Gold medalist wrestler passes on techniques, experiences

Freestyle wrestler Erica Wiebe, a gold-medalist for Canada at the Summer Olympics in 2016, passed on her thoughts, insights and experiences as a competitive athlete to students and to wrestlers from around the province.

Wiebe was in Weyburn for three days, as she visited several schools on Friday in the city, then held a free wrestling clinic for interested children on Saturday morning before she hosted a two-day clinic for wrestlers from clubs around Saskatchewan on Saturday and Sunday at St. Michael School.

article continues below

Her school visits included St. Michael, Weyburn Comprehensive, Haig and Assiniboia Park schools.

In sharing her experiences with the students throughout the day, she explained that she played other sports first, including soccer, volleyball and skiing, and didn’t even try wrestling out until she was in Grade 9 in a town in Ontario near Ottawa.

A tryout for the sport came up, and she attended it with three of her best friends, quipping, “I thought it would be a great opportunity to wear spandex and wrestle with boys.”

After the tryouts, two of her friends decided wrestling was not their interest, but she and one of her friends went on to take part in the sport.

“Right away, I was hooked, I loved it,” said Wiebe, and she got into the sport all through junior and senior high school. After graduation, she had a big decision to make, and decided to make the move to the University of Calgary, “because they had the best program at the time, the best coaches, and I wanted to be in an environment where I could train with the best.”

At first, the competing was hard as she didn’t win a single match or even score a point.

“I kept getting put down, again and again. I didn’t make the wrestling team, but there was an opportunity to go to a junior varsity championship, with people my age and my weight class,” said Wiebe.

She went on to compete and travel around the world for the first time to represent Canada, and four years later she had the opportunity to try out for the 2012 Olympic Games.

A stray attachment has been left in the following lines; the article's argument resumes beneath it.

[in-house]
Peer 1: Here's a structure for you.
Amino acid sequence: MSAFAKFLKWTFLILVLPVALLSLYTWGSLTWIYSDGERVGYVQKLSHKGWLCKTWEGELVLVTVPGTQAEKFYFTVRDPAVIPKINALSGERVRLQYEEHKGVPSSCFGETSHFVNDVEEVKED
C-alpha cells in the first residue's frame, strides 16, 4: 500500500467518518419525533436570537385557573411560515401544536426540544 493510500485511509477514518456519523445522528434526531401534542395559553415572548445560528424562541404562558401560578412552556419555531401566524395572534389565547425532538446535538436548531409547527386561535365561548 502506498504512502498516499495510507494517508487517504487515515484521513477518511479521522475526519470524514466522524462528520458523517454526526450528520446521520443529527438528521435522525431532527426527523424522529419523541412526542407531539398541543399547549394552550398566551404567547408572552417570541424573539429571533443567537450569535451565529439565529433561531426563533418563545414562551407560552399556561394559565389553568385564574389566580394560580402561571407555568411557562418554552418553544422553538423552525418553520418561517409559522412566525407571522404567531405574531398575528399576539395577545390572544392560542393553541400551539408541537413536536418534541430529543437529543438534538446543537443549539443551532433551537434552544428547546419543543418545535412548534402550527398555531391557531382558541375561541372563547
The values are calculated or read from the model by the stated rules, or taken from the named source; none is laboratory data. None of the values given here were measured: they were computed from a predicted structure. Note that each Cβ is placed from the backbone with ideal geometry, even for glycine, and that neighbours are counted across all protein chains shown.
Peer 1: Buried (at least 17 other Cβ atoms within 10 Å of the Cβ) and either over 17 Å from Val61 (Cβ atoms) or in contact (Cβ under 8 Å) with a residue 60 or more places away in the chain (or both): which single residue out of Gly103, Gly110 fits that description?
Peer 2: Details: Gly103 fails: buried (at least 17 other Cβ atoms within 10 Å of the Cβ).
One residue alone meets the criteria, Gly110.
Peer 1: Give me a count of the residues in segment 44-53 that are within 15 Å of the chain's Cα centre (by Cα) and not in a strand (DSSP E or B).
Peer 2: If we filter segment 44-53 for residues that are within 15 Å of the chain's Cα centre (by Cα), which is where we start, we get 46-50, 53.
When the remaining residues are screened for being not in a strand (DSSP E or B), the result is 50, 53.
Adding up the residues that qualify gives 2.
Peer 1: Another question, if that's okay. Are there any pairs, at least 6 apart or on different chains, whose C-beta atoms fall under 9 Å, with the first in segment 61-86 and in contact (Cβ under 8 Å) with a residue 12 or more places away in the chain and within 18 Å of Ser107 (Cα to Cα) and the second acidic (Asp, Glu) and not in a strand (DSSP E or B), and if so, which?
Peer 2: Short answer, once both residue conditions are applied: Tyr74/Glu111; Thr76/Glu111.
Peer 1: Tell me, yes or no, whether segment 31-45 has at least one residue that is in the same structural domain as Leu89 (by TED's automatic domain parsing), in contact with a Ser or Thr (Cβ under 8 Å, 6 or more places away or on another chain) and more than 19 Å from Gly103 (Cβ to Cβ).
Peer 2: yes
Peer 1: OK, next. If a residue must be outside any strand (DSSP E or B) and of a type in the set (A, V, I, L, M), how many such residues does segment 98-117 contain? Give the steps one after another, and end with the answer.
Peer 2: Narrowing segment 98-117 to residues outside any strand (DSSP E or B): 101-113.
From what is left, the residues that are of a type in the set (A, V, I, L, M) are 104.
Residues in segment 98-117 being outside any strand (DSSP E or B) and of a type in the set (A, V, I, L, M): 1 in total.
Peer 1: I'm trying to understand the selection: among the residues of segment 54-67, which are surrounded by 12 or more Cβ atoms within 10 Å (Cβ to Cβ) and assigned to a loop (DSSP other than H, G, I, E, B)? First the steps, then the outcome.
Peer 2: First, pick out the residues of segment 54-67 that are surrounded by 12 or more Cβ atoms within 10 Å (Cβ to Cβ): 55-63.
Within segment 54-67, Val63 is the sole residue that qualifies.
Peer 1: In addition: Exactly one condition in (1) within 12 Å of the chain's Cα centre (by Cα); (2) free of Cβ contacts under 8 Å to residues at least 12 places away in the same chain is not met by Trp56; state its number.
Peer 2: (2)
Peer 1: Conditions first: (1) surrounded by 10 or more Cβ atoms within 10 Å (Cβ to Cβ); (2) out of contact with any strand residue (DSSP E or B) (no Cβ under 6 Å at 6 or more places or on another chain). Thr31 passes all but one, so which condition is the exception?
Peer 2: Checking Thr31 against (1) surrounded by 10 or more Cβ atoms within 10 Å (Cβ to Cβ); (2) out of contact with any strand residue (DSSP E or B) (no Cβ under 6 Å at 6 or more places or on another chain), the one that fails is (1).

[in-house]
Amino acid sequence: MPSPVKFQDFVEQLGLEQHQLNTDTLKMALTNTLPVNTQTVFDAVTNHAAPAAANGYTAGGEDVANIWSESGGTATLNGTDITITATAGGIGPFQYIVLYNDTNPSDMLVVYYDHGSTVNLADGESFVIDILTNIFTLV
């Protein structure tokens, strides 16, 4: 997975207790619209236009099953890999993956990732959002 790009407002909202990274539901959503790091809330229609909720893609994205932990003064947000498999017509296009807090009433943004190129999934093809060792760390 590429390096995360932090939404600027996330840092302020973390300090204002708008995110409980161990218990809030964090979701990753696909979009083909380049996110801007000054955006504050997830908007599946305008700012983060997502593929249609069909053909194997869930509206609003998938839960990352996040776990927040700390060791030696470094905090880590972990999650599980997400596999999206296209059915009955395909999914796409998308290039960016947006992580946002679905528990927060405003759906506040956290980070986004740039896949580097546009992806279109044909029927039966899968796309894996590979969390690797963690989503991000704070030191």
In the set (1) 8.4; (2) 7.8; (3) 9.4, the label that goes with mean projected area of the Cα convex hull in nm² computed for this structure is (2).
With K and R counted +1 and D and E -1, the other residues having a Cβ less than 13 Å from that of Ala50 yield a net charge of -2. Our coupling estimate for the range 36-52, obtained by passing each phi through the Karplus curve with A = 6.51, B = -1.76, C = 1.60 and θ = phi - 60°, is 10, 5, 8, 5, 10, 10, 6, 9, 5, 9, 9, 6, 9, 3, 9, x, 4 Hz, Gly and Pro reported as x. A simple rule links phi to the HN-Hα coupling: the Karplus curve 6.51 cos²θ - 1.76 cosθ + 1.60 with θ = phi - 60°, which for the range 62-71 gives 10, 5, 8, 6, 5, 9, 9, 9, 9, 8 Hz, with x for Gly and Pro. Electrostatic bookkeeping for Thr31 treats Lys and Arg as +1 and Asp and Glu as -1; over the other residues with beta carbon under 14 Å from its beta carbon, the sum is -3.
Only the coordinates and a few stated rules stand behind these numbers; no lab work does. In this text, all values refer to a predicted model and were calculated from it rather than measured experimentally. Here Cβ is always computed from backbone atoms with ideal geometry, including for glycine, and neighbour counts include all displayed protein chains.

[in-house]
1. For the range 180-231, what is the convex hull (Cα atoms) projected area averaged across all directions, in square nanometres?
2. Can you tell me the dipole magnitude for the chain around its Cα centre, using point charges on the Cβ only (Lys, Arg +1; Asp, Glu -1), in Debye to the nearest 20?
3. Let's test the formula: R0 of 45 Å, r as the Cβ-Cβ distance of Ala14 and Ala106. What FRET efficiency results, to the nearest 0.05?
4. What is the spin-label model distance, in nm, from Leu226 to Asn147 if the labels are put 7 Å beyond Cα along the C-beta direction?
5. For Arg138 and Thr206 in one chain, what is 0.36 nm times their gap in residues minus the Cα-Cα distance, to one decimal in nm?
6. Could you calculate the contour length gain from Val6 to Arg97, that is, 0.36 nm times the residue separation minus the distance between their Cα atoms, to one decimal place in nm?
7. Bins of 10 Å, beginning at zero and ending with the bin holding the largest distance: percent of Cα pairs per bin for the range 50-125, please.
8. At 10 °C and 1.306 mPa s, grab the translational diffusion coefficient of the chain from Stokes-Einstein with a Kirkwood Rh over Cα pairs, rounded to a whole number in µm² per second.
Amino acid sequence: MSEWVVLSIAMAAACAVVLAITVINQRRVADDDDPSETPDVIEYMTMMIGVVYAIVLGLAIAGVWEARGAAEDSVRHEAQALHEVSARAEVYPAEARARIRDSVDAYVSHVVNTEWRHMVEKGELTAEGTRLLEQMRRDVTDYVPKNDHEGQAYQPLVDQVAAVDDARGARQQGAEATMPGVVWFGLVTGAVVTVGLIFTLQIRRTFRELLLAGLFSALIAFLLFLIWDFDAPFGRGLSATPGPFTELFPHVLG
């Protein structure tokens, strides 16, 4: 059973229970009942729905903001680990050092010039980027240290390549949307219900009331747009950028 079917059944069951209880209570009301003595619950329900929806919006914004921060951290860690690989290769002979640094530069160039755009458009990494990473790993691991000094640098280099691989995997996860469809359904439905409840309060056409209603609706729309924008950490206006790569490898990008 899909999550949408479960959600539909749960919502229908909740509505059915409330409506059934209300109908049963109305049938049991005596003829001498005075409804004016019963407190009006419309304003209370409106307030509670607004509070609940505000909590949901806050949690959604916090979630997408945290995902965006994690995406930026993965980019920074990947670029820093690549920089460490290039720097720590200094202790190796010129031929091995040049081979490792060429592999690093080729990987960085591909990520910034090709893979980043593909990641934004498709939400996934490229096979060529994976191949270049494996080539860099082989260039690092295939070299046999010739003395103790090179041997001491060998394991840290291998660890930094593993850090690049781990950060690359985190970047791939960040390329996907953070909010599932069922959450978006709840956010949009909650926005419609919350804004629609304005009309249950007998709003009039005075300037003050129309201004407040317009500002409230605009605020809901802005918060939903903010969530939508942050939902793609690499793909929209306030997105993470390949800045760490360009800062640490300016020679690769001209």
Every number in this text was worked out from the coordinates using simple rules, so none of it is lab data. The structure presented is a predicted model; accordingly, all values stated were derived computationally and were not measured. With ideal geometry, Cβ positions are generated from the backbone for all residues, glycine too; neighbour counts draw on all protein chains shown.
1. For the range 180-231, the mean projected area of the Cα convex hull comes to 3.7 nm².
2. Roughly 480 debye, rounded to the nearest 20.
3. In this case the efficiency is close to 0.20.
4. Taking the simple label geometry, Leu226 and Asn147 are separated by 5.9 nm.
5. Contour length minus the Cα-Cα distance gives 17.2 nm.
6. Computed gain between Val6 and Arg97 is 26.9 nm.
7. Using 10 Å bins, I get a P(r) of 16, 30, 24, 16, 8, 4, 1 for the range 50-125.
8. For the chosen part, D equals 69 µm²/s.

“I came within 30 seconds of making the team,” said Wiebe, noting that in spite of her disappointment, she kept on with her training and competing. When the time cam four years later for the 2016 Olympics in Rio de Janeiro, she made Team Canada and trained hard.

“I had these fears of failing, as I had the pressure of 35 million Canadians on me,” said Wiebe.

She had an accident about five days before she had to go, and had to have six stitches put in to her eyebrow — but she knew when she landed in Rio that she was going to put her best forward.

“I landed in Rio and I knew in that moment that I was invincible. I knew that whatever happens, I was ready,” said Wiebe, noting she went on to win the gold medal for Canada.

“The cool thing is in wrestling, you can have success no matter how big you are or how small you are. You can wrestle anywhere in the world, and anybody can do that,” she said, encouraging the students to try the sport out.

Wiebe also encouraged the students to always try hard in whatever circumstance they find themselves in.

“There are going to be challenges, and all you have to do is take it one step further,” she said.

Wiebe will be taking part in the trials for the 2020 Olympic Games on Dec. 6-8, and is hopeful to make a return to that international stage.

Asked how preparing for these Olympics are compared to four years ago, Wiebe said, “Everything is the same, but everything is different at the same time.”

The best part of the Olympic experience for her was when she entered the stadium, knowing everything that she put into her training to prepare for that moment.

“I didn’t really care what the outcome was, as long as I had a good performance. I knew I could be the best in the world, I had that capability,” said Wiebe. “I never even really dreamed about it.”